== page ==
City Plaza was a big fight, like all the big fights can not be considered one-dimensional as a clear victory or defeat. It is a chapter of anti-racist and migrant struggles and at the same time a kinematic experiment, an unexpected mix of subjectivities, different needs, social-political, gender and class experiences. This encounter, like any mixture, takes a while to clarify, to settle its multiple experiences, and to leave their sediment to our individual and collective consciousness.In the subsoil, new resistances, struggles and human, collaborative and solidarity relationships will emerge – in Athens and dozens of cities that reach and reach the City Plaza residents, but also in everyday struggles against the barbarism of racism and repression policies.

City Plaza’s collectivity was initially aware of its controversial constitution. The alternative he brought could only be incomplete, depending on the conjuncture in which he was born, and on the subjective potential of the movement and its people, their minds, their hearts and their bodies. But also limited, as any claim to rights and equal participation, impinging on the power of capitalist exploitation, the imposition and reproduction of nationalist, racist and gendered hierarchies and divisions.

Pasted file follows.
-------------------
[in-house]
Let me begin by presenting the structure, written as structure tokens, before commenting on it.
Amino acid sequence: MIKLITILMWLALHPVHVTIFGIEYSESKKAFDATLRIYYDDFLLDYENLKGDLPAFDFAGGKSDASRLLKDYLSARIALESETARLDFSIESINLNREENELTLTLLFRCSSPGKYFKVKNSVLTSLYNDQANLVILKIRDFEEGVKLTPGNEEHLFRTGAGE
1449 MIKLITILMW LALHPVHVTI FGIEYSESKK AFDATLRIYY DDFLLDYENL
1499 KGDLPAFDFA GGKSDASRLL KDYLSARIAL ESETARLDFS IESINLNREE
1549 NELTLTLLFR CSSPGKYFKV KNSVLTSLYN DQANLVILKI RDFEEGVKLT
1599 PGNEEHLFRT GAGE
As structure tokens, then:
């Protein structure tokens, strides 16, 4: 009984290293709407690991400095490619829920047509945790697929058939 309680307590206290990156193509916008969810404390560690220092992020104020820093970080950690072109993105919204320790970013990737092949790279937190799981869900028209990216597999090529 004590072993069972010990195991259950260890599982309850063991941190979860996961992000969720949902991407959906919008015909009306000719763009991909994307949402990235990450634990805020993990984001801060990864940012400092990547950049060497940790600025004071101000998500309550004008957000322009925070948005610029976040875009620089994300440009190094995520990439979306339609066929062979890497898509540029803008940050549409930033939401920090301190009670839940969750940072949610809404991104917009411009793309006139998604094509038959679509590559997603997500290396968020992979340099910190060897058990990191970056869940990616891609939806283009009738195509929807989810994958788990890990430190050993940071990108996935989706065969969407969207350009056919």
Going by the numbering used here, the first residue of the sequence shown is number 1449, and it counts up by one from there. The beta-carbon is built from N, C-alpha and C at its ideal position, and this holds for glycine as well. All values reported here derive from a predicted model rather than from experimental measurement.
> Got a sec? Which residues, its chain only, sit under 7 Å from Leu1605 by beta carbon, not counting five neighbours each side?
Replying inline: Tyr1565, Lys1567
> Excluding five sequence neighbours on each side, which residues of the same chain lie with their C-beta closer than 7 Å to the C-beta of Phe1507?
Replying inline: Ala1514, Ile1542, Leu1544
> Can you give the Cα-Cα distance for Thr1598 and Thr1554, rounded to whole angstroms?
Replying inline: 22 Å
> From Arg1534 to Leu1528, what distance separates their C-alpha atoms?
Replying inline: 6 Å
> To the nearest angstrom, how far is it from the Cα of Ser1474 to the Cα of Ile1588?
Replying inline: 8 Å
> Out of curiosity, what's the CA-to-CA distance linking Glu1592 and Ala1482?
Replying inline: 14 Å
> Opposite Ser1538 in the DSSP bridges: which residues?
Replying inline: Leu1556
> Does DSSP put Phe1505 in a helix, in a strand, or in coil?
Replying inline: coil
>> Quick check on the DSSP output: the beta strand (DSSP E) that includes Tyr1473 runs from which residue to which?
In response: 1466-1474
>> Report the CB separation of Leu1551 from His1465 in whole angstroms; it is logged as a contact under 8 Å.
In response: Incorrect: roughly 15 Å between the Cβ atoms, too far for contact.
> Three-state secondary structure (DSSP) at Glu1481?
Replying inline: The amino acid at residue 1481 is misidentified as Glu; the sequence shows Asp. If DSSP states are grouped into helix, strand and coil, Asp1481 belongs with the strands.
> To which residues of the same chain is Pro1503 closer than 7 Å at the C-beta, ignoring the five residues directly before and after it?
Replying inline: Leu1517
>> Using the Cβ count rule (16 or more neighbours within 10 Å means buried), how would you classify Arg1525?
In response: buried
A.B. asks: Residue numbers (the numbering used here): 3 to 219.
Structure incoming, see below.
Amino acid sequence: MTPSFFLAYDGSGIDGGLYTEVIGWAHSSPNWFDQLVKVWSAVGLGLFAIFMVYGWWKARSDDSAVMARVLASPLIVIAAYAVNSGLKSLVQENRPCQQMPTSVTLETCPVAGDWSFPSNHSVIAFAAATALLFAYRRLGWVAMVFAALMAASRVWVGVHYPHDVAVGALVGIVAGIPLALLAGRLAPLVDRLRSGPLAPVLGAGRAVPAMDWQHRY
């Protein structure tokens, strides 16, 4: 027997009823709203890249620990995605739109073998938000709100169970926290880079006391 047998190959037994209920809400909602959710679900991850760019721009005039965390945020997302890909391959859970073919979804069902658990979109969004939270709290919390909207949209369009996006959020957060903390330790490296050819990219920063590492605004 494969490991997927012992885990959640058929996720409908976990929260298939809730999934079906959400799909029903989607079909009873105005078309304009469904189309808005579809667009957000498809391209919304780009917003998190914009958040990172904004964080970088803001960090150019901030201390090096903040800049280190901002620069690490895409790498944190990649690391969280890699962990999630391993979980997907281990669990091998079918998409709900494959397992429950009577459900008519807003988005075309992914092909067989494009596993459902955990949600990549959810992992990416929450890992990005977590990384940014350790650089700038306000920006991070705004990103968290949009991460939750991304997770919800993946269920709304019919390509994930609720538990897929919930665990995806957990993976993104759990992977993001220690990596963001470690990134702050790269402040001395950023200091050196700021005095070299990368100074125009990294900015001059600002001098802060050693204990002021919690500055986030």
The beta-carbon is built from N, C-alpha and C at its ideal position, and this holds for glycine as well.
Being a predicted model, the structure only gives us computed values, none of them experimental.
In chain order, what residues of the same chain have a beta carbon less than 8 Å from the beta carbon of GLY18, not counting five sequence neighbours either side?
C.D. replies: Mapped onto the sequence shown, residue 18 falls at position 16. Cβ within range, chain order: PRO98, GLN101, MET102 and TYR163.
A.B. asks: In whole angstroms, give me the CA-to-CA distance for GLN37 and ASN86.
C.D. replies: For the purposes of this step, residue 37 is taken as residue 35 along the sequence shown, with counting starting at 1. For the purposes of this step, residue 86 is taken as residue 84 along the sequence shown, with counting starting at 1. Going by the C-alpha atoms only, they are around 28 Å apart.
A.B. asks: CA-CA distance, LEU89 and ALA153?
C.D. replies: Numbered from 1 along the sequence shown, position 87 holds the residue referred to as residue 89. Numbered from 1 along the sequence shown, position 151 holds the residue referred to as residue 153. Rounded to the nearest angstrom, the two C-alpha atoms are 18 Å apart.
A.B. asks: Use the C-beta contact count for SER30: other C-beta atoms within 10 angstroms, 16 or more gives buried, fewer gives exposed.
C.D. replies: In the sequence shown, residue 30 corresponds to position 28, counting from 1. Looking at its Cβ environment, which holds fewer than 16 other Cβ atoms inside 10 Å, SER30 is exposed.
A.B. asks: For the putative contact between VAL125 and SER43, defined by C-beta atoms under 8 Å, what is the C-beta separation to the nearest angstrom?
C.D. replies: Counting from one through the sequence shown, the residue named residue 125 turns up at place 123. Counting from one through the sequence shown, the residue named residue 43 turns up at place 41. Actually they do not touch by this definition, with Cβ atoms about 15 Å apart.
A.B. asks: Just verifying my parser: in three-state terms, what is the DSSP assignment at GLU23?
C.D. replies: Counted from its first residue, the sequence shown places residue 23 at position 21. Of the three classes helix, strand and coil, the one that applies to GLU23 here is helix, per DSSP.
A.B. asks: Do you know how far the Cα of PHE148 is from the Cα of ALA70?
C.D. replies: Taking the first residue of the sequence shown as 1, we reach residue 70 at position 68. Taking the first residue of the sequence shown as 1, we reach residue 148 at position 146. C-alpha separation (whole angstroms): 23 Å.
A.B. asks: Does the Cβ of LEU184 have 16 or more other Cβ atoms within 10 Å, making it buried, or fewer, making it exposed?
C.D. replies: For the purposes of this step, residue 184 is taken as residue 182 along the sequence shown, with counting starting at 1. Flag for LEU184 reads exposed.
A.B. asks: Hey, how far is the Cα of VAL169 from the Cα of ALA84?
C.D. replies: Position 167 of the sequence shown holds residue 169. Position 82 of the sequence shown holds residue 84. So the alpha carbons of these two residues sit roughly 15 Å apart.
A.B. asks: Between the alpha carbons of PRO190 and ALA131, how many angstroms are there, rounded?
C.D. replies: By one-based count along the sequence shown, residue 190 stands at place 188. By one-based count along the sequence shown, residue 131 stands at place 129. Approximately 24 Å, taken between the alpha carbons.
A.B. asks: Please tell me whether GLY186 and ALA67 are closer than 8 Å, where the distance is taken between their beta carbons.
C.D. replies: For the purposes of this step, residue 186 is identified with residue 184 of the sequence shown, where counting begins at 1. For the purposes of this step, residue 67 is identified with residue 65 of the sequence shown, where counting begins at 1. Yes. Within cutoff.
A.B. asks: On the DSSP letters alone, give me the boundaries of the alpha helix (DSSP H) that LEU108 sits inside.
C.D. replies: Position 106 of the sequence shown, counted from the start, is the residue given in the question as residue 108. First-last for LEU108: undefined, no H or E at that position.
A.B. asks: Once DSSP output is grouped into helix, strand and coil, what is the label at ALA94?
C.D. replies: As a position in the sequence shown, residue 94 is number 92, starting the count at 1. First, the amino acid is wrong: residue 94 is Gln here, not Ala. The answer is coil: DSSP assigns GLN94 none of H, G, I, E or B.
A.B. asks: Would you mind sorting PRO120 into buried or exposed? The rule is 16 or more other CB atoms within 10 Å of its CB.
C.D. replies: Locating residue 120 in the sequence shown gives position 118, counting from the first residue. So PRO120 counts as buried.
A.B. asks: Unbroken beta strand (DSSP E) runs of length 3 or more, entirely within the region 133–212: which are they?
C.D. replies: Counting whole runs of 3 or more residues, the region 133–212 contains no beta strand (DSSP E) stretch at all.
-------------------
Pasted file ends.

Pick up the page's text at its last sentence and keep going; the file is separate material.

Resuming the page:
City Plaza was a link in a racing chain for social liberation. A struggle special as it started from the small and everyday, how to cook the food and clean the building until resistance to the border regime and multiple discrimination. For those who participated in the project, CP was an experience of redefining and reflecting on political thought and practice, power relations, everyday life, cohabitation and terms, self-organization and contradictions. We say goodbye to the Plaza with a promise: to transfer this rich experience, to continue to enrich and broaden the ways and places of the common struggle.

Machione translated from statement in Greek on solidarity2refugees